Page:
Your collection of questions conflate a few things: 1) what is だ・です in modern Japanese, and 2) how did だ・です derive historically.
Because of #2, #1 is a bit ... messy. :) So let's start with the history.
This isn't an explanation of what です is now, so much as an explanation of the historical derivation. Shogakukan's 国語大辞典 provides this description:
Meanwhile, the modern plain form だ derives as:
Modern で (which actually appears from around the 1300s-1500s) is understood to have evolved from earlier にて (which is still used in formal writing). Classical copular ("is") verb あり equates to modern verb ある.
Looking now at the particular parts of your post:
「で」は「だ」の連用形。 「で」is the conjunctive/continuative form of 「だ」
Well, yes, in the modern language. But historically, だ derives from で + ある -- so this is not a regular kind of conjugation paradigm.
To sum it up, 「です」 is a variation of 「だ」(its polite form).
Yes. Though I might not use the term "variation" so much as "polite form".
It is also a contraction of 「でございます」,
It derives from a contraction of でございます, but I don't believe it's considered to be such a contraction in modern regular usage.
which in turn is the same as 「であります」(forgetting here about the differences in usage)
It's not quite the same as であります. Note that ございます is the humble version of あります. That difference in usage is important. :)
that is formed by attaching 「で」 to the verb「あります」.
Yes -- but note also that であります is not a verb unto itself, but simply the particle で plus the verb あります.
So, after this long trip, we arrive to the conclusion that the "hidden verb" behind 「です」, is in fact ある, which is actually (or at least more close to) the sought after "to be".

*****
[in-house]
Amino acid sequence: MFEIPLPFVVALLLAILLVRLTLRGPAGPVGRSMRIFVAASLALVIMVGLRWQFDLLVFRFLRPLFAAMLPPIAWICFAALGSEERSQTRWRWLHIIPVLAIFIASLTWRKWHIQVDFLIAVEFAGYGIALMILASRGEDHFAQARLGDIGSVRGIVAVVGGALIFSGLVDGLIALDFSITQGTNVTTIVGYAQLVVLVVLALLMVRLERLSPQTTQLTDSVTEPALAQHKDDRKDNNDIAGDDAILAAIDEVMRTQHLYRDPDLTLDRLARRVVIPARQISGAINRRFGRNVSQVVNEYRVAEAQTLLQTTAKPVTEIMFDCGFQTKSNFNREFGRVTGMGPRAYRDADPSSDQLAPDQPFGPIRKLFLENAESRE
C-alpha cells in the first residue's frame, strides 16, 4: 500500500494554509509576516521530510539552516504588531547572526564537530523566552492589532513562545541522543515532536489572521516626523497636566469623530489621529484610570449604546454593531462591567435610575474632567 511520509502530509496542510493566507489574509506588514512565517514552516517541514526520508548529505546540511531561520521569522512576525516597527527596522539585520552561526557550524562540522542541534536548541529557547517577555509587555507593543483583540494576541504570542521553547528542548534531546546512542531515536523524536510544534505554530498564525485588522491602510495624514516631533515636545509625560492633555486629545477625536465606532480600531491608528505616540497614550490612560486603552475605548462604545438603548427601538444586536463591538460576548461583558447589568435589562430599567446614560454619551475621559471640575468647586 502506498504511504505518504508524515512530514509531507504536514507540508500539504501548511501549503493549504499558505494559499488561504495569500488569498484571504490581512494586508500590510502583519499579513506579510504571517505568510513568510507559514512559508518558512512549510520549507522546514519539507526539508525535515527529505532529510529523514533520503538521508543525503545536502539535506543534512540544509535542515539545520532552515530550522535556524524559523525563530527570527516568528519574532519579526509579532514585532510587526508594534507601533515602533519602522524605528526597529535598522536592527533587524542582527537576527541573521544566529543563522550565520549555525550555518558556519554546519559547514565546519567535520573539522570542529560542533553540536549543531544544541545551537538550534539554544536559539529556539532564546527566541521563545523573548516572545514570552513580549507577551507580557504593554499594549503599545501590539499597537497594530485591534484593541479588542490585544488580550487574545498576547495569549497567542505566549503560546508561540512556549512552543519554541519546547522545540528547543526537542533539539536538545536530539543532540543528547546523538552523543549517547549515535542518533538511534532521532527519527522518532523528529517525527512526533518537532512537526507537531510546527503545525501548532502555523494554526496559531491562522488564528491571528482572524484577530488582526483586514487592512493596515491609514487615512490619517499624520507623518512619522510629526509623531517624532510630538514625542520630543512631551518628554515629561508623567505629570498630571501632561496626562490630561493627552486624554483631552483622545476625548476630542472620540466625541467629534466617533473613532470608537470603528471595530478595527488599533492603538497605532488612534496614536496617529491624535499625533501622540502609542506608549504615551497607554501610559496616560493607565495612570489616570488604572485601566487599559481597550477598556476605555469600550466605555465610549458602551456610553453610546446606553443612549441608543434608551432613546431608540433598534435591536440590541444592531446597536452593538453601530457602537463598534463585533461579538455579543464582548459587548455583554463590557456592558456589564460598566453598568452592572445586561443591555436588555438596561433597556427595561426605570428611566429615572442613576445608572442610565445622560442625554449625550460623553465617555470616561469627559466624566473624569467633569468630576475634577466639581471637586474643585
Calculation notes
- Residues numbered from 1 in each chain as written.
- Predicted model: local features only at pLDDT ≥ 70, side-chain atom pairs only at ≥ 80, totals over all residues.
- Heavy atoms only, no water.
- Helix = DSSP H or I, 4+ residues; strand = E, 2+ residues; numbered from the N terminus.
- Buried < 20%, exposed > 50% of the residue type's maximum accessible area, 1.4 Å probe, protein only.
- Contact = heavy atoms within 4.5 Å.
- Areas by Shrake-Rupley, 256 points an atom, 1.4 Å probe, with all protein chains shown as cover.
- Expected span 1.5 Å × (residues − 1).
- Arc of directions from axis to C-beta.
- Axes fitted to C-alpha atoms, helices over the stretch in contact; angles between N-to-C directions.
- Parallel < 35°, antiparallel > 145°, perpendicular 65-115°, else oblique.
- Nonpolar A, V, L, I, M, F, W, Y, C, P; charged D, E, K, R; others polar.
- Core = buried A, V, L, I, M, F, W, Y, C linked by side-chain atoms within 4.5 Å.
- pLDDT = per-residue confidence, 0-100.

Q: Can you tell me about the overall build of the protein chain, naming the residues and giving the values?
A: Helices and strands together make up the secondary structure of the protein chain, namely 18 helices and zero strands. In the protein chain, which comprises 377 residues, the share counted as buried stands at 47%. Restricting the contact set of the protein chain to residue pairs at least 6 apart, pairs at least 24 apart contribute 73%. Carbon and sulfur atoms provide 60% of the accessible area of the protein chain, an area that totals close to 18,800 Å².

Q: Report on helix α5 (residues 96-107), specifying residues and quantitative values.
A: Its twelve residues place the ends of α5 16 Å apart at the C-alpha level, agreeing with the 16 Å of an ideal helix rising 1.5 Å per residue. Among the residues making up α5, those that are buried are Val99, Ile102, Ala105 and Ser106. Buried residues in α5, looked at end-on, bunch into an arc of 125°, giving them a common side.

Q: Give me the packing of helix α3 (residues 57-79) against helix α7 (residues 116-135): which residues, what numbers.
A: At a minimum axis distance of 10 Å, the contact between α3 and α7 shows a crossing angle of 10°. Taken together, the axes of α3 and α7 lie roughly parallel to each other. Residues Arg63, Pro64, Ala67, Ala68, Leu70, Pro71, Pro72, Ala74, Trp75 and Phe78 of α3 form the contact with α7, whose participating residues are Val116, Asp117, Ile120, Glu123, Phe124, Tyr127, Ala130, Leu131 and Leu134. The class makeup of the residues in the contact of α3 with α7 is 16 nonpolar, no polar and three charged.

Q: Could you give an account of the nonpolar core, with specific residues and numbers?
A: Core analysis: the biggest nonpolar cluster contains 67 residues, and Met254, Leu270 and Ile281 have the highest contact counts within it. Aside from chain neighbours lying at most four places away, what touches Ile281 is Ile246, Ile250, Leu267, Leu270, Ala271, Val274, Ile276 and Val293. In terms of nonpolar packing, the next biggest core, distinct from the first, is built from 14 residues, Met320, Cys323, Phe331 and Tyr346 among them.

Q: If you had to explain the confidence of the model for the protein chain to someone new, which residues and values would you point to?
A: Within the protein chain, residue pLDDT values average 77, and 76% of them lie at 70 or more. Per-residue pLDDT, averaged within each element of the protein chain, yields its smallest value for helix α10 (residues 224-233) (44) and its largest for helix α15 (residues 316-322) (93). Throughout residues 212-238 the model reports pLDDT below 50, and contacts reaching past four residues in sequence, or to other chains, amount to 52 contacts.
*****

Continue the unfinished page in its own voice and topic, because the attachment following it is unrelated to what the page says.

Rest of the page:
Historically, yes. And if you dig around in classical Japanese and older stages of the language, you'll find just that -- あり serves as the primary copular verb.
In modern Japanese, however, だ・です is the primary copular verb: it closes a predicate, and (optionally) supplies social register information ("politeness"). One no longer says things like 綺麗にあり, one says instead 綺麗だ. Similarly, instead of 本にてあり, one says 本だ.
Related thread touching upon social register:
I hope the above covers the bases for you. If not, please comment and I can edit the post accordingly.
I missed a question of yours that I'd meant to answer.
Can we really call です（or だ) an auxiliary verb?
Depends. :) "Auxiliary verb" (助動詞) is a kind of loose category in Japanese school grammars. The article on the Japanese Wiktionary provides a table showing the various things that get this label. Some of them I really don't agree with: そうだ and ようだ are listed here, and those are clearly そう or よう + copular だ・です -- and だ・です is right there in the table as it's own pair of rows at the bottom. Others like らしい, ない, and たい are adjectival in form and function. Many, like させる or たがる, have full conjugation paradigms (i.e. they have forms for all conjugation slots), whereas others like negative supposition まい or positive supposition う are defective (i.e. have incomplete conjugation paradigms; see Defective verb at Wikipedia).
Basically, it's a grab-bag of odds and ends that get stuck on the ends of other things (often, but not always, verbs). This category was also previously called simply 助け言葉 ("helping words"), and this vague moniker is a clue to the vagueness of the category itself.
So, "can we really call です（or だ) an auxiliary verb?" Sure. So long as we're clear on what we mean by "auxiliary verb". :)